I grew up in a small town, and it wasn't uncommon for my mother to stand there chatting with the clerk while she paid for her stuff...and sometimes we had walked two blocks away when she realized there was something she had forgotten to pay for...she would go back right then and pay for the wouldn't want to do that now, especially at'd never get them to believe that it was an honest mistake...

And speaking of badgering, I was with my aunt in Wal-Mart one day when she tried to write a check, and the clerk claimed she was someone who had passed a bad check a few days before...the employees, including the manager, berated the woman publicly, in front of all the other customers, for a half hour, before discovering that they had her mixed up with someone else with a similar name...did they apologize? give her free merchandise for their behavior...nope...nothing...they just walked away and left her standing there with people staring at her...she never went to Wal-Mart again...

And how many of us have paid for every blessed thing in that cart at Wal-Mart, only to go out the door and hear, "we're sorry...Wal-Mart's inventory control..."...and you have to stand there and show your receipt to the greeter in minute detail, just because some ditz at the checkout forgot to deactivate your CD or DVD? I've never actually seen them catch anyone with this method...but by God, it doesn't stop them from trying...

Harry_Manback 12 years, 4 months ago

The Wal-Mart one is funny cause they really try to find people shoplifting. My friend got caught shop lifting there when she was 13. She stole a $0.99 lip gloss. She was on diversion for a year, and her mom ended up spending $1,000 in court fees. It still comes up during job interviews 8 years later, and she's never been in trouble since. Doesn't make much sense to me...

Harry_Manback 12 years, 4 months ago

The original,

It's only erased if you pay for it to be erased. Even if you're never convicted or you successfully complete something, it's still on file somewhere and can be accessed. My boyfriend was arrested but never charged with something when he was 16. Last summer, 5 years later, he got pulled over for a broken light and illegally searched because it was still on his record. (he's consulted a lawyer, but decided not to pursue it) Oh and this happened in JoCo too, so that may be why. Things never trully go away...

beatrice 12 years, 4 months ago

omb, in case you are still reading tonight -- The Clash is possibly my favorite band! "Know Your Rights," "London's Burning," "Lost in the Supermarket," "Bored with the USA"... I really could just keep going on and on. That was one amazing band, and I probably listen to London Calling about once a month.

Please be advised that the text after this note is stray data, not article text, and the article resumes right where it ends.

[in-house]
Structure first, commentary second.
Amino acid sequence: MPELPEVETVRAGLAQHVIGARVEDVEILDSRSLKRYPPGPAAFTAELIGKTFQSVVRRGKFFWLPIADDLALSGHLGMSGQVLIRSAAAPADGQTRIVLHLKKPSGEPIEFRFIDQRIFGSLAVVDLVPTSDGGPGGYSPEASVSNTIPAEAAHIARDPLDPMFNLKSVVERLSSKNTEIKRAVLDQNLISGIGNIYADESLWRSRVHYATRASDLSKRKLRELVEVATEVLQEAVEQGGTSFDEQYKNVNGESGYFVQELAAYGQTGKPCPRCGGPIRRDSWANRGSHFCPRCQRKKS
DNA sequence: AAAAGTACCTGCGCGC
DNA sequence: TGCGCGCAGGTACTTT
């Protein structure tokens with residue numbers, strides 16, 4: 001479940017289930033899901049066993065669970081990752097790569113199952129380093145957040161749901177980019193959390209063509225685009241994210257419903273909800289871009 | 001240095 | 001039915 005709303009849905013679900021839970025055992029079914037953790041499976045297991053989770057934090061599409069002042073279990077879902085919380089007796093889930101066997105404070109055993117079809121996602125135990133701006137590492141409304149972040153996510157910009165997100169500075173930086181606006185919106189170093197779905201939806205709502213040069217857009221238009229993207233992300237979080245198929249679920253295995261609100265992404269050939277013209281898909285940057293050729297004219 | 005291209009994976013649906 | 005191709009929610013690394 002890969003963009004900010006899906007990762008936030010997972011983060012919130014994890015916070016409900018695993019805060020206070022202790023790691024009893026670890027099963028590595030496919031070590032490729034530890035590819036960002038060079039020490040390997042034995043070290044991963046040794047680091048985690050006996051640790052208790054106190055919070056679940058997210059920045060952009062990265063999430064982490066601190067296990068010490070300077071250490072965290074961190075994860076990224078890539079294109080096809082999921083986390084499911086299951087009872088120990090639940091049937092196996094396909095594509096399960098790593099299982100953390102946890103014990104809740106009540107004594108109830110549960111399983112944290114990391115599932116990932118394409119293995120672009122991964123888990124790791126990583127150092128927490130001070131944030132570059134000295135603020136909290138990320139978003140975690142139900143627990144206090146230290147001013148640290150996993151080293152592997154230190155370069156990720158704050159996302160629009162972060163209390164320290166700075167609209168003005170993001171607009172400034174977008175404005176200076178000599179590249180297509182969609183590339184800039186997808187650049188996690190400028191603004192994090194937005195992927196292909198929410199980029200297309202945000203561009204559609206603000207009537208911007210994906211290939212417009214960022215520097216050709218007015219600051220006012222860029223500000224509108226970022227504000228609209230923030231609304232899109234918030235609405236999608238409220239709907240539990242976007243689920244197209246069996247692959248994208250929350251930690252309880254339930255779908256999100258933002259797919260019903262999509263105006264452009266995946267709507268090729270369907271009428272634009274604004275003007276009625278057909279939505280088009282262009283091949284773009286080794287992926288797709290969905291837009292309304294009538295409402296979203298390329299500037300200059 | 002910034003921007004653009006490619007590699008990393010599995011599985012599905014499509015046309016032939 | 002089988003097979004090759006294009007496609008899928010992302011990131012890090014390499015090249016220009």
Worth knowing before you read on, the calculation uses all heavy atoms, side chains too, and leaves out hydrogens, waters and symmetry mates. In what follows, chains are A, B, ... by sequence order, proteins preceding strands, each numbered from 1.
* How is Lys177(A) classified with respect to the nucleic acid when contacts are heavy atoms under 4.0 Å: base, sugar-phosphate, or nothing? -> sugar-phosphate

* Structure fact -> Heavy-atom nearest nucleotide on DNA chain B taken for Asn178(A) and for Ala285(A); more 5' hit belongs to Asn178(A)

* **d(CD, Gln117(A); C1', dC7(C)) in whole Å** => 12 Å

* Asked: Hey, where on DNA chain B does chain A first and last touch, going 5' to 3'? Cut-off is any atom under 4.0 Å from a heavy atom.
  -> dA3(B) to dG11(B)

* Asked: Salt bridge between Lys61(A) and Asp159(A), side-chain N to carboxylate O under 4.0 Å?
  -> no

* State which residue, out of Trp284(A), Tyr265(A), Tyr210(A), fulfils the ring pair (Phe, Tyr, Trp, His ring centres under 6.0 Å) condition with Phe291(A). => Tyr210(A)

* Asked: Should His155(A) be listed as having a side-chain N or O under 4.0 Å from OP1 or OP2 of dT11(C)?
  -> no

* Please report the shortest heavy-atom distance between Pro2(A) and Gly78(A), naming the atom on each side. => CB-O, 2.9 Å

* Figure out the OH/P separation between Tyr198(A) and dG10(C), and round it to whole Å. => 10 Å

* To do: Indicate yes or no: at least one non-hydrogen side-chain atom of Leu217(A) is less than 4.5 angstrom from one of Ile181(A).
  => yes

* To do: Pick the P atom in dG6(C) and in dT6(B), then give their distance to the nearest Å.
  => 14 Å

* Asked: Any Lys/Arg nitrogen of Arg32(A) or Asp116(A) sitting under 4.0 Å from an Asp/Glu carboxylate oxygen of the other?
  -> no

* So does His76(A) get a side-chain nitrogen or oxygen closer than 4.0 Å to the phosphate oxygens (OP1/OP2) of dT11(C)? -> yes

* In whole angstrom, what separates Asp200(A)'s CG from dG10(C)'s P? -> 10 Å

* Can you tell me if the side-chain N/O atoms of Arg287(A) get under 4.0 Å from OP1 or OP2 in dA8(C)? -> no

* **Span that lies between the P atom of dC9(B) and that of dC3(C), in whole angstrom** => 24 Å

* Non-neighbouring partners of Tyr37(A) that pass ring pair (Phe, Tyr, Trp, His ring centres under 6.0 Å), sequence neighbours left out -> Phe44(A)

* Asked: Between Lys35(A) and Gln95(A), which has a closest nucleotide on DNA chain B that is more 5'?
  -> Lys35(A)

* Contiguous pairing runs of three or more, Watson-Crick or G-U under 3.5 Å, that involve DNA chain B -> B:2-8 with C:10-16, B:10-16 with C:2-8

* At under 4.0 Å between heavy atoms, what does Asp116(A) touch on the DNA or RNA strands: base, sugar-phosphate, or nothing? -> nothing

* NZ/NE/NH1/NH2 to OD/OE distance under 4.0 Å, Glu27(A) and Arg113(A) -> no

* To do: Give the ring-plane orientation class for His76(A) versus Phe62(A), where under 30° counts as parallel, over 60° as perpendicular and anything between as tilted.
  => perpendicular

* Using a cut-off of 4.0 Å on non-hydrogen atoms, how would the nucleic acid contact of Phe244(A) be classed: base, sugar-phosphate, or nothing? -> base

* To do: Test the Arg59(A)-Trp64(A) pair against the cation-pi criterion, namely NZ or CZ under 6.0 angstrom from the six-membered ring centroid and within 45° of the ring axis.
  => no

I have respected you in the past. Now, just crank that respect up a notch or two!!

Grundoon Luna 12 years, 4 months ago

Oh. don't you believe people don't do anything about shoplifting! People are prosecuted - you see the petit larceny cases on the crime page all the time. And that's just the ones that are getting prosecuted. While some store may have a lax attitude about it, there are others that go to great expense to deter theft. I could have just punched my kid in the face when I had to pick him up for stealing at Kohl's. I was greatful that they caught him before he walked out with the goods. If they would have waited until he was out of the store he could have been charged. They didn't have to do that. I did get to see the awesome surviellanec equipment they use. They have cameras that can zoom in to the eye of a shoe.

Grundoon Luna 12 years, 4 months ago

. . . and Iggy's Lust for Life selling everything from cars to cruises . . . wasupwdat? Everytime I see one of those I feel like shouting at the screen "beatin' my bray-nes, with liquer and drugs . . . got a torture film and a GTO. . ." If the whitebread folks heard THOSE lyrics their mouths would drop to the floor! YEE HAW! Now, I'm gonna download Anarchy in the UK! just kidding for you FEDs that monitor this site - wink "Just because you're paranoid doesn't mean they aren't after you" Ozzy Osbourn

stbaker 12 years, 4 months ago

My 3 y.o. took a package of Rolo candies while we were in the checkout at HyVee a few months back. She proceeded to open and begin devouring them while seated in her "car" that they so wonderfully provide for those of us who must grocery shop with our kids. Anyway, it wasn't until I noticed how quiet she had become as they were ringing up my order, when I noticed the candy. I sternly told her that this was wrong to do, and when I asked the cashier to comment that we needed to pay for everything that we get at the store, she looked at me as if I was the most abusive, psychotic parent in town.

DGL 12 years, 4 months ago

stbaker: you weren't shopping at Dillon's, were you? That's where you usually find the rude employees who like to mind everyone else's business but their own, and will give you the stink eye for acting like a civilized human being.

Grundoon Luna 12 years, 4 months ago

"That's my Dillons!" That's what the front of Simon's shirt said. Wonderful of him to use their own slogan against them and so appropriate now, eh DGL. Oh, and the back of it said, "Management Sanctioned Harrassment of the Handicaped."

DGL 12 years, 4 months ago

That Dillon's (on Mass) is the only one in town which has a full-time security guard now, by the way.